Why are AS level and A level entries continuing to fall in Wales?
Tom Anderson, our Head of Research and Statistics, explains why A level entries in Wales continues to fall.
By Tom Anderson, Head of Research and Statistics
Last summer, I published a blog on the subject of falling AS and A level entries in Wales.
Our latest official statisticsstatistics show that the total number of entries to AS and A level qualifications in Wales decreased again this summer.
This year there were 41,415 AS level entries. That’s a 27.4% overall decrease from the 2015 high of 57,030 entries.
Similarly, but not as dramatically, A level entries shrank by 17% over the same period, from 38,480 in 2015 to 31,925 in 2019.
So, what’s the explanation for these falls?
It’s important to say that there are likely to be a range of factors explaining the trend, such as:
- a smaller population size, reducing the number of learners that could choose to enter AS levels and A levels;
- a fall in the average number of AS and A level qualifications taken by learners; and
- an increase in learners choosing to study other qualifications, enter training or starting apprenticeships.
Most AS level entries are by 17-year-olds, whereas most A level entries are by 18-year-olds. According to Welsh Government statistics, the numbers of students in maintained secondary schools in Wales has decreased in recent years. For example, in the four years between 2013/14 and 2016/17, the number fell by 9.2%. This has reduced the number of learners that can choose to do AS and A levels in Wales.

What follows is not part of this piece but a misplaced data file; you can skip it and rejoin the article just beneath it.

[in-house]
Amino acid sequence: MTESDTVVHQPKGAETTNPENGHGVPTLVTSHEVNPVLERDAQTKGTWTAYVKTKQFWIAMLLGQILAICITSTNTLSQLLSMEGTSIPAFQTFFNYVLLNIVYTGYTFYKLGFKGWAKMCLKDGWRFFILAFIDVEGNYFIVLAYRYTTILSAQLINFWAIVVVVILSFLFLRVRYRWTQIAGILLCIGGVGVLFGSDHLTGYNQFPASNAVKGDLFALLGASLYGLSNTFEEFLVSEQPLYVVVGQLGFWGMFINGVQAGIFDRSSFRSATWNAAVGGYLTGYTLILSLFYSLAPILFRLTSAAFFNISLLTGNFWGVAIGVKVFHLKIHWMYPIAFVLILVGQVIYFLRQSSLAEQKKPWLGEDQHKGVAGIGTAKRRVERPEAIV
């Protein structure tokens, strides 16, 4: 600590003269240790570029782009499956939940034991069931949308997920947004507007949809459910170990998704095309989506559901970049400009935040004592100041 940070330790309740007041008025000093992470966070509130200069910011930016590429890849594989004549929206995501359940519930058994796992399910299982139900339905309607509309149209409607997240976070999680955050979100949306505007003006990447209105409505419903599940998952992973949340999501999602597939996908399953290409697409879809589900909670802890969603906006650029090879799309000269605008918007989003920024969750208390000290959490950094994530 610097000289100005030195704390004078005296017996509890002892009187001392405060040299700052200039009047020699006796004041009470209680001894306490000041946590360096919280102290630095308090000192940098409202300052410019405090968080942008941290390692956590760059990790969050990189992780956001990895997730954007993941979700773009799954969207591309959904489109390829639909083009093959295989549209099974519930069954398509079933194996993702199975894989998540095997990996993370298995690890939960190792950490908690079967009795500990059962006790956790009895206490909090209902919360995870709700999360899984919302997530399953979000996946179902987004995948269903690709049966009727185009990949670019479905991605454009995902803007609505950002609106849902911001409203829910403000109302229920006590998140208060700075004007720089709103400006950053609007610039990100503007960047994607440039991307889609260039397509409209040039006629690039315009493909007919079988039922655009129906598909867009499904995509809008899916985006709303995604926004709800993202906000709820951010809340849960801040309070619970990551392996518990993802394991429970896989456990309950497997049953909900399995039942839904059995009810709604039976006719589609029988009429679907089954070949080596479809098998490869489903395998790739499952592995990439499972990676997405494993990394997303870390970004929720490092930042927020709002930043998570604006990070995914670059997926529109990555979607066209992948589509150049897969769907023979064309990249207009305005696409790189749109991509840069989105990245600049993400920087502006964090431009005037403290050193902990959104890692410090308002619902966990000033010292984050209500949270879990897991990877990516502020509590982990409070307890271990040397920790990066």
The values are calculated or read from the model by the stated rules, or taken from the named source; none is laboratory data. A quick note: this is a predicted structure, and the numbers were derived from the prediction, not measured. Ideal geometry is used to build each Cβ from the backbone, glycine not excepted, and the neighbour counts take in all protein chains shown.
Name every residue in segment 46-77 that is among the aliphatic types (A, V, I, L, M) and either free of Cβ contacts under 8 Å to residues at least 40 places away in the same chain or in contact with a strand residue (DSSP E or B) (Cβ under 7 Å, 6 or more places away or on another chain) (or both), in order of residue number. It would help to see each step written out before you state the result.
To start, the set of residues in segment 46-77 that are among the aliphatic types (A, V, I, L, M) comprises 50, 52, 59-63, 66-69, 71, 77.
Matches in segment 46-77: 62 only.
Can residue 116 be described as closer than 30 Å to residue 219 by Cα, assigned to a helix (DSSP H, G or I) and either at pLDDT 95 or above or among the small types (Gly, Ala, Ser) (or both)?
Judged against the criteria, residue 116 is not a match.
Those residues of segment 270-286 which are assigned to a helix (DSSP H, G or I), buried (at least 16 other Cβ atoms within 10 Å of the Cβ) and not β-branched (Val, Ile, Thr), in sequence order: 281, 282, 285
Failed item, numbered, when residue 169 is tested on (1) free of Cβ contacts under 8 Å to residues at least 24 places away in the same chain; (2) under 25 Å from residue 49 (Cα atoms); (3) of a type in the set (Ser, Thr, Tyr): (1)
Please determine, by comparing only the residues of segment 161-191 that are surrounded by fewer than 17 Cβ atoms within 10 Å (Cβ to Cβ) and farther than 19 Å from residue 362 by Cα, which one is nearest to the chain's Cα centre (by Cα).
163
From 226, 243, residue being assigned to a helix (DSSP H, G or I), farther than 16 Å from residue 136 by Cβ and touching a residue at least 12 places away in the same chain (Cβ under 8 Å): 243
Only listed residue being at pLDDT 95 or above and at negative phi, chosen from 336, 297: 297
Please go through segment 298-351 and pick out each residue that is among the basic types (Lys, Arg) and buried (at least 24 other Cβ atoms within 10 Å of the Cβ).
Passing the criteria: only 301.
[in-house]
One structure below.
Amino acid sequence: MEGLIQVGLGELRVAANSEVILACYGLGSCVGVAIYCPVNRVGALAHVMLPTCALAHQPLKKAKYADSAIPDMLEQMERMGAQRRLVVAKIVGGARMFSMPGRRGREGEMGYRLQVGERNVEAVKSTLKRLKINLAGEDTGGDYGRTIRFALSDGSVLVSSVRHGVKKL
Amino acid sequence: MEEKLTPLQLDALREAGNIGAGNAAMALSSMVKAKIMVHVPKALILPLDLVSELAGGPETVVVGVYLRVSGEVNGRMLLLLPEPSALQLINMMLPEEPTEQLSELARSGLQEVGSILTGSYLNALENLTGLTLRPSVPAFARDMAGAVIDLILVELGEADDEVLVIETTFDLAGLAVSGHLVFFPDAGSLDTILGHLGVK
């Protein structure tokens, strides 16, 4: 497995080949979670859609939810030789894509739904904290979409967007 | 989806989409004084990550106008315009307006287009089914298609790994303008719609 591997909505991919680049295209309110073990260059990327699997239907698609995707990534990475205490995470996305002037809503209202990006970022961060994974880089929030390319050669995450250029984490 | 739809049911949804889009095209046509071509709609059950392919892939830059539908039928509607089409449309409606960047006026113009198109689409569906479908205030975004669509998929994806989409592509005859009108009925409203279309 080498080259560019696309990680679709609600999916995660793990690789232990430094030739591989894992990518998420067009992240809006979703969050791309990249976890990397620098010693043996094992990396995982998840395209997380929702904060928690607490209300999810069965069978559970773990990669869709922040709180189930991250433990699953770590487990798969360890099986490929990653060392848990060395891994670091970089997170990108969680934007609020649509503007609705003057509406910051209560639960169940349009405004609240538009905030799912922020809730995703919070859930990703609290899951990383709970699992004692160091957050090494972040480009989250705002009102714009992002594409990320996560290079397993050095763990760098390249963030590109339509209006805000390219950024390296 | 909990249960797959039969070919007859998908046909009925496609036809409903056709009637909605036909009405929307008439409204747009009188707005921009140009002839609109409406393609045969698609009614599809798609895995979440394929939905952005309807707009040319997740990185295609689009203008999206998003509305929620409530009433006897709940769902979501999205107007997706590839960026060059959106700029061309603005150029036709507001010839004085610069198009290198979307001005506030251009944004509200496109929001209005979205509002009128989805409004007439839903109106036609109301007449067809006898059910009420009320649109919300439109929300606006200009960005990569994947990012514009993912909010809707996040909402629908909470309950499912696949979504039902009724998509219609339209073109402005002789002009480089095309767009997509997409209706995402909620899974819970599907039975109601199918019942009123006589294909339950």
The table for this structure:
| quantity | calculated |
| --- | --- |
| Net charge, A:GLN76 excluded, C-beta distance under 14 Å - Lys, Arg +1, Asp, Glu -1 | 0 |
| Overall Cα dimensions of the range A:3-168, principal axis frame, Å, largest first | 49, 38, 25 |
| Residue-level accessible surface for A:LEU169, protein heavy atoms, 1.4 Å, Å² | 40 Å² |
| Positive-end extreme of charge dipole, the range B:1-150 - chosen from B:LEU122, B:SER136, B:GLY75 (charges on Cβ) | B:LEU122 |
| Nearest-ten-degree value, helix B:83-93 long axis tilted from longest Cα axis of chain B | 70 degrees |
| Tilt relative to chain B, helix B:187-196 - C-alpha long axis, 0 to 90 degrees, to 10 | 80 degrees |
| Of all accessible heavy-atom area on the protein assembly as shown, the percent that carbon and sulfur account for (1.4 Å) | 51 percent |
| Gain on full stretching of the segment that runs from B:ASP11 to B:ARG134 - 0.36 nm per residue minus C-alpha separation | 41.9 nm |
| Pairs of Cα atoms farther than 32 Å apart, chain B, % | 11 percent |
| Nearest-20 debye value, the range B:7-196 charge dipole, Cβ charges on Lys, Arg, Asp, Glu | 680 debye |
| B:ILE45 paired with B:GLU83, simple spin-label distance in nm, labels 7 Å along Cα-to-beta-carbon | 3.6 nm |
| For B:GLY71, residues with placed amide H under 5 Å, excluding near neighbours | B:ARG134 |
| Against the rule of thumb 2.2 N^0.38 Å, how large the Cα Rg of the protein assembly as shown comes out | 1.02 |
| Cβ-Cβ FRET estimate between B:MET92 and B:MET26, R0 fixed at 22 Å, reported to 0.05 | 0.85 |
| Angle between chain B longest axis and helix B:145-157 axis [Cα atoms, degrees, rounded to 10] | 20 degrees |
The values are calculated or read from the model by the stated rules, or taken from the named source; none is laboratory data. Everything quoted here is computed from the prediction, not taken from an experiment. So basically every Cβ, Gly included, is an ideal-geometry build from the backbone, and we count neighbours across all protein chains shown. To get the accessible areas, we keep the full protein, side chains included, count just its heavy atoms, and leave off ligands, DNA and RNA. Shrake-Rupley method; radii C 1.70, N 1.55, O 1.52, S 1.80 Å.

We also looked at exam board data on the number of learners achieving at least one AS level, A level or the Advanced Welsh Baccalaureate.
The number of students in Wales achieving at least one of these qualifications has also decreased, by 13.5% for 17-year-olds and 8.1% for 18-year-olds (over the four years between 2014/15 and 2017/18). The rate of decrease for 18-year-olds is broadly similar to the decrease in the number of learners in Year 11, but slightly faster for 17-year-olds.
These trends suggest that decreases in the population of 17-year-olds and 18-year-olds in Wales has been a major cause of the fall in entries for AS and A level qualifications. There may, however, still be other factors contributing to changes in entries, particularly in the case of 17-year-olds.
Digging deeper into the data showed that among 17-year-olds, fewer of them are taking four or more AS levels, with more learners choosing to take three.
Among 18-year-olds, the most popular route is to take three A levels along with the Advanced Welsh Baccalaureate. The proportion of 18-year-olds taking at least one AS level has also reduced, which helps to explain why AS entries have fallen more quickly than A level entries.